Personal Finance

August 20, 2013

Save a sack full of money in a brown bag

The average employed American spends $37 per week on lunch. And if you have one child buying a school lunch, let’s say it’s $10 a week.

Lunch is the best. We look forward to it whether we’re in grade school or grinding through another workday. Maybe that explains why we spend so much money on it. Enough to fund a good chunk of college, a nice retirement nest egg, or whatever bills need to be paid this month.

According to an Accounting Principles survey reported on by ABC News

, the average employed American spends $37 per week on lunch. And if you have one child buying a school lunch, let’s say it’s $10 a week. We can do all sorts of math to show how much you can save by bringing a lunch to work/school. Here are a couple examples that hit home for me.

Take just the $37 average and calculate what it could do in an investment account earning a modest 4 percent annually.

. Start one when your child hits kindergarten and by high school graduation you’ve got nearly $32,000, or almost two years of tuition, room and board at a four-year university. Or, if you start saving that $37 per week at age 30, by the time you turn 65 you’ll have more than $140,000 for retirement.

Of course, it’s not like the contents of your lunch box are free. But they can be significantly less than $37 per week, especially if you plan ahead and hit up grocery store sales. Not to mention the intangible benefits of eating generally healthier food. Here are some easy budget- and waistline-friendly ideas for you.

• Make “lunchables. These kid favorites can be made at home for a fraction of the cost (and the calories and preservatives!) of the store-bought variety. Instead of salami or Canadian bacon, get some sliced turkey, a block of cheese and some blue corn tortillas.!i=1447733052=sRjCN5w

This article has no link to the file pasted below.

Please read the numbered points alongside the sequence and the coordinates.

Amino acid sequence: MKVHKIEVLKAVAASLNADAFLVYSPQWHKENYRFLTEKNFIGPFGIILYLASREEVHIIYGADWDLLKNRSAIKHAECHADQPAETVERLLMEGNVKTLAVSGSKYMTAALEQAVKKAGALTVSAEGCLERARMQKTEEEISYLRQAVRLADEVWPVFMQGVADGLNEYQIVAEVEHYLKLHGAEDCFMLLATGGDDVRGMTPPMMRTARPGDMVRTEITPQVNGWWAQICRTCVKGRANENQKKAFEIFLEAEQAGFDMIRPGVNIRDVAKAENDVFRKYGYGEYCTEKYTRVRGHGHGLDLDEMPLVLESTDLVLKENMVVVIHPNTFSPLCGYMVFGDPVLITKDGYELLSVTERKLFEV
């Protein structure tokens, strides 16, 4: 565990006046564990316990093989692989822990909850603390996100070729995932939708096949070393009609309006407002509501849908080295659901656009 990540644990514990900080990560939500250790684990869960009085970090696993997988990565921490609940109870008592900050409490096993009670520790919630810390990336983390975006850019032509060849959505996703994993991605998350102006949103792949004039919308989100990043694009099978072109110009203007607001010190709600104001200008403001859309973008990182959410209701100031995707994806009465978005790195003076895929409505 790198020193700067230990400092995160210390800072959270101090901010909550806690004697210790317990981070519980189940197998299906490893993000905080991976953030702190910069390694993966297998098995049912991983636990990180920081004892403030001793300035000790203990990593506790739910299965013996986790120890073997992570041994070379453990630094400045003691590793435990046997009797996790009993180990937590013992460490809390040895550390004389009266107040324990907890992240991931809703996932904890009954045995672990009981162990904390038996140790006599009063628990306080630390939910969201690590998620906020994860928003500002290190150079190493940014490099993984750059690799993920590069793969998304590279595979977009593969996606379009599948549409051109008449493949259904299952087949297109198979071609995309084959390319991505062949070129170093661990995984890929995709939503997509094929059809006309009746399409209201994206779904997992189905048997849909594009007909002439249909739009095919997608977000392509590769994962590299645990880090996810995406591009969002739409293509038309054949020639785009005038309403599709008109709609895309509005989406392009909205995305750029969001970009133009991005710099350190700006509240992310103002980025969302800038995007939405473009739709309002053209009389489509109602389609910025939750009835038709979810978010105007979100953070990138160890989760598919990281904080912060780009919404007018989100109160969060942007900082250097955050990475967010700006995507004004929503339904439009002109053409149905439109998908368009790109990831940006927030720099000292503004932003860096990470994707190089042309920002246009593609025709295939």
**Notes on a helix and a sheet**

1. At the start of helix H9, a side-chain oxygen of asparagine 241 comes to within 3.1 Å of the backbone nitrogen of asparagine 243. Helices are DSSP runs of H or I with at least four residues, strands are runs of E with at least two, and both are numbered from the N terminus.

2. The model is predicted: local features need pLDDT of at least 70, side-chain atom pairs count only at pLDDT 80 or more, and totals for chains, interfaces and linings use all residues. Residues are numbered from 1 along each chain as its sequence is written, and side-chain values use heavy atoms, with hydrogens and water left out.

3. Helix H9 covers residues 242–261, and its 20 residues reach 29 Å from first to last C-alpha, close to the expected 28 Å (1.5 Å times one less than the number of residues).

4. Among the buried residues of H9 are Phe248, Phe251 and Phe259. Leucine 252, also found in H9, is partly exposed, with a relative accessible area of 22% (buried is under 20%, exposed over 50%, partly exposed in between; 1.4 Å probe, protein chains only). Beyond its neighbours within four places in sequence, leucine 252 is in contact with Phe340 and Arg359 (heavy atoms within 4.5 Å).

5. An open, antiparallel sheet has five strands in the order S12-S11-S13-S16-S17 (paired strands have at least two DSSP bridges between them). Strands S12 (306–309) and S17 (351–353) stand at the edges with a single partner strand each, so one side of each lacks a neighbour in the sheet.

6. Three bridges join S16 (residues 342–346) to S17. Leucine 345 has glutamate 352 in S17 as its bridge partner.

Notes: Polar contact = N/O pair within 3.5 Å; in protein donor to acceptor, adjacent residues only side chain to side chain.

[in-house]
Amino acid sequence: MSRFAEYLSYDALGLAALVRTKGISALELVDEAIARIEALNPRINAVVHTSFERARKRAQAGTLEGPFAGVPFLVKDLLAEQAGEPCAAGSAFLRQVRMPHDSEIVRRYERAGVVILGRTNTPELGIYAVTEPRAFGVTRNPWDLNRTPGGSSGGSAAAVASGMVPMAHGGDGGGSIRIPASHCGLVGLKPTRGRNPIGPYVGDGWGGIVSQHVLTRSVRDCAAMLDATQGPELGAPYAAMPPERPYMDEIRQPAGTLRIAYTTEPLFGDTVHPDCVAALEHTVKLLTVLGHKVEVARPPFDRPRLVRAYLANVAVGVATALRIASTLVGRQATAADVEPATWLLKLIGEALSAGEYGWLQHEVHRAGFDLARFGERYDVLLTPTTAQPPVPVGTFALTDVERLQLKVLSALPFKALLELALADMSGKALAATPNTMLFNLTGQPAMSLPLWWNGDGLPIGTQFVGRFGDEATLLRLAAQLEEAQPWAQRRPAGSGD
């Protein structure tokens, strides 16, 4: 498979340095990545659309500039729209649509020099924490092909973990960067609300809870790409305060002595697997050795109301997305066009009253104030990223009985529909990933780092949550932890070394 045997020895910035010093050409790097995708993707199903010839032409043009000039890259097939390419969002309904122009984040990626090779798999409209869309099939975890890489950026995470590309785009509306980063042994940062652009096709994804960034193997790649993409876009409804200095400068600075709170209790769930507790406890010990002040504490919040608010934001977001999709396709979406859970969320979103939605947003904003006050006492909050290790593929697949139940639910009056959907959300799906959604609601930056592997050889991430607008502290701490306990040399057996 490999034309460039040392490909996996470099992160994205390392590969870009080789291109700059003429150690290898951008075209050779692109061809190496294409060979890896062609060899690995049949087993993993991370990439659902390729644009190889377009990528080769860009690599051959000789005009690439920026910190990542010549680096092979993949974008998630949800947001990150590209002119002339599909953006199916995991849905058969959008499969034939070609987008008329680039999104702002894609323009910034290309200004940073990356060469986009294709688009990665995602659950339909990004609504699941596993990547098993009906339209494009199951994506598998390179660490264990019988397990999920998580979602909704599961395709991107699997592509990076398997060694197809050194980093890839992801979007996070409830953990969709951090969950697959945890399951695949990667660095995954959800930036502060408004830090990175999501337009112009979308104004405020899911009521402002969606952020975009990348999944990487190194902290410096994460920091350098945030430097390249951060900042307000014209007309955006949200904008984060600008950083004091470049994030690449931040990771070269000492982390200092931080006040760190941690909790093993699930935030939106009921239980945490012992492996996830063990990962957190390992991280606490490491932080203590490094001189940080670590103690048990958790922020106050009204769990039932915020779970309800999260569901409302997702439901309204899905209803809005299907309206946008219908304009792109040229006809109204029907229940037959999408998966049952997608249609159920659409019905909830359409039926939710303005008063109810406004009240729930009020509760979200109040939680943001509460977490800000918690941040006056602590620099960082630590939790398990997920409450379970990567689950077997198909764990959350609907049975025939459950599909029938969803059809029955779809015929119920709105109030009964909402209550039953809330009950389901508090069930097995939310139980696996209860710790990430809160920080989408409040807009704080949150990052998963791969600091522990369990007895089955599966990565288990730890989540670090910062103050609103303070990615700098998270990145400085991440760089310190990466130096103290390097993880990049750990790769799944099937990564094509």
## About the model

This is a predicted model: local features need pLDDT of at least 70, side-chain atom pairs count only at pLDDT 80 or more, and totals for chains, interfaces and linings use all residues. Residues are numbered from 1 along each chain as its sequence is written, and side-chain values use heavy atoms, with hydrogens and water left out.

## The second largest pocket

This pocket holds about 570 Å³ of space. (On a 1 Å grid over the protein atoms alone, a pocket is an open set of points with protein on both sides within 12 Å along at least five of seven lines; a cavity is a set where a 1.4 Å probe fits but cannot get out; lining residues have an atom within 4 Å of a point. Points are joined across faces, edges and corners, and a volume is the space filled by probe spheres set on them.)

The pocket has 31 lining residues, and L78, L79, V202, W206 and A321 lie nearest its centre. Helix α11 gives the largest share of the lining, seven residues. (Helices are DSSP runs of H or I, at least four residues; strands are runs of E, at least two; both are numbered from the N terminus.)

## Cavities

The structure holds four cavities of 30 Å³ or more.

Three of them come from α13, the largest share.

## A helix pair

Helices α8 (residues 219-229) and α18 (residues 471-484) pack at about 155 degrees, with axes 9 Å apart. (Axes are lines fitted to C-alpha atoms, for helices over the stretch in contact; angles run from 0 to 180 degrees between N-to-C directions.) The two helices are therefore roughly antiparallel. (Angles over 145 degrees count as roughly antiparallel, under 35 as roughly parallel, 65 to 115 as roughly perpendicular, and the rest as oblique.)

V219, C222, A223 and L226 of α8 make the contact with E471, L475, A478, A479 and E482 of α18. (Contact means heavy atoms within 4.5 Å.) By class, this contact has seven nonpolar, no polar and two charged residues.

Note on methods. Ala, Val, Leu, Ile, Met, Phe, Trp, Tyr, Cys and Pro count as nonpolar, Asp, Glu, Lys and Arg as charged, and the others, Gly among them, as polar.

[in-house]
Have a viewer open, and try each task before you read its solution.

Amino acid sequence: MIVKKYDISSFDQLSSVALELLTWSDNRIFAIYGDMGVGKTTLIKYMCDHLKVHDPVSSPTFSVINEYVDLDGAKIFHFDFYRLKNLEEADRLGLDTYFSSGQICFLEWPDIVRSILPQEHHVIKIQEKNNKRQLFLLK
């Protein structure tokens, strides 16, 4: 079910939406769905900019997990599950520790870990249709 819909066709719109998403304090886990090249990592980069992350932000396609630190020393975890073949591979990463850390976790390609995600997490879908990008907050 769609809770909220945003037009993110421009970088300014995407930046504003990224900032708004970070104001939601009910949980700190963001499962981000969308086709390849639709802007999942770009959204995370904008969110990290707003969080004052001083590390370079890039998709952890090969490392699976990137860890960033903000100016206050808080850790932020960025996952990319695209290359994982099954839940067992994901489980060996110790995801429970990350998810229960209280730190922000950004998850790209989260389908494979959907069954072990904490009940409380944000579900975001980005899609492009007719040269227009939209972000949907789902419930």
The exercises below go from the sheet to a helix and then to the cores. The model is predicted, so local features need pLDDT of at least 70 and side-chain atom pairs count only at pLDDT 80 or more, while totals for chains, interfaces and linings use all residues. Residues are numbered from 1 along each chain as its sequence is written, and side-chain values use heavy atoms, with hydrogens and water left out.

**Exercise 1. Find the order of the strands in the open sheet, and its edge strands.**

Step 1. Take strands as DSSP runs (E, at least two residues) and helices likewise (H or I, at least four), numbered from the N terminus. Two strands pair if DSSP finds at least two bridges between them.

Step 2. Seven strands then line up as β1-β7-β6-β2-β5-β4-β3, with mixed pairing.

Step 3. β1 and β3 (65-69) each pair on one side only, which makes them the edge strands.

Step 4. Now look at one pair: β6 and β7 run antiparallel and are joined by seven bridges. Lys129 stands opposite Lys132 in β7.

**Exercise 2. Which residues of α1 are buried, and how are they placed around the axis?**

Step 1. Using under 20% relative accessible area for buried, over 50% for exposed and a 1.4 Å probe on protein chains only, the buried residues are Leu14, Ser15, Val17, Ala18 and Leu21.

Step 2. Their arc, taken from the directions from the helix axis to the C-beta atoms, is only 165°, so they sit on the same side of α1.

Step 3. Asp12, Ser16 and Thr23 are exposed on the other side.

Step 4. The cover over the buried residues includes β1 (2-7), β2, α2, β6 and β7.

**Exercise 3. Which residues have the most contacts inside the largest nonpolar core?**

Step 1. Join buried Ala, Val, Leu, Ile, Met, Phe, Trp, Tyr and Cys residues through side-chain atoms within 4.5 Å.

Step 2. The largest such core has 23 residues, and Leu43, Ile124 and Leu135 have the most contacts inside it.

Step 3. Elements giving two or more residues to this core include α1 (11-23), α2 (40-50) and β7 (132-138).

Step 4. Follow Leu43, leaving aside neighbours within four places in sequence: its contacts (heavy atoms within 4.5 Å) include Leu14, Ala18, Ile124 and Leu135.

• Make some dough. Everybody loves pizza. For about $5, you can get two to four lunch servings of pizza that tastes as good as it is healthy. I’ve found fresh, premade whole-wheat pizza dough at Trader Joe’s and Whole Foods

for as low as $1.50. Load it up with a little pepperoni and a lot of veggies and you’re in business.

• Make it a wrap

. Get some tortillas, spread one with peanut butter, sprinkle with raisins or Craisins, drizzle with some honey and roll it up. Your kids will be asking for more, and your co-workers may be asking to trade lunches.

• Make a ton

. Few things are as economical as leftover pasta. Make a huge pot of spaghetti and you and/or your children can be covered for days.

• Make it a habit. Brown-bagging it is habit-forming. Yes, it’s actually possible to crave the same-old sandwich, salad or last night’s leftovers. All you have to do is phase out the sub or fast-food fix from your daily routine. Get into the routine of making lunches, or make it part of your kids’ morning.

Keep track of that $6 or $7 or more you save every day. Set up a separate savings or investment account and put that month’s savings into it. Seeing it build week after week will more than make up for whatever empty calories you’re missing. Everything tastes better when there’s more money in your account and wallet.

Kat's Money Corner is posted on Dollars Sense every Tuesday. Kat Hnatyshyn, when not blogging or caring for her little one, is a manager with CommunityAmerica Credit Union. For more financial chatter, click

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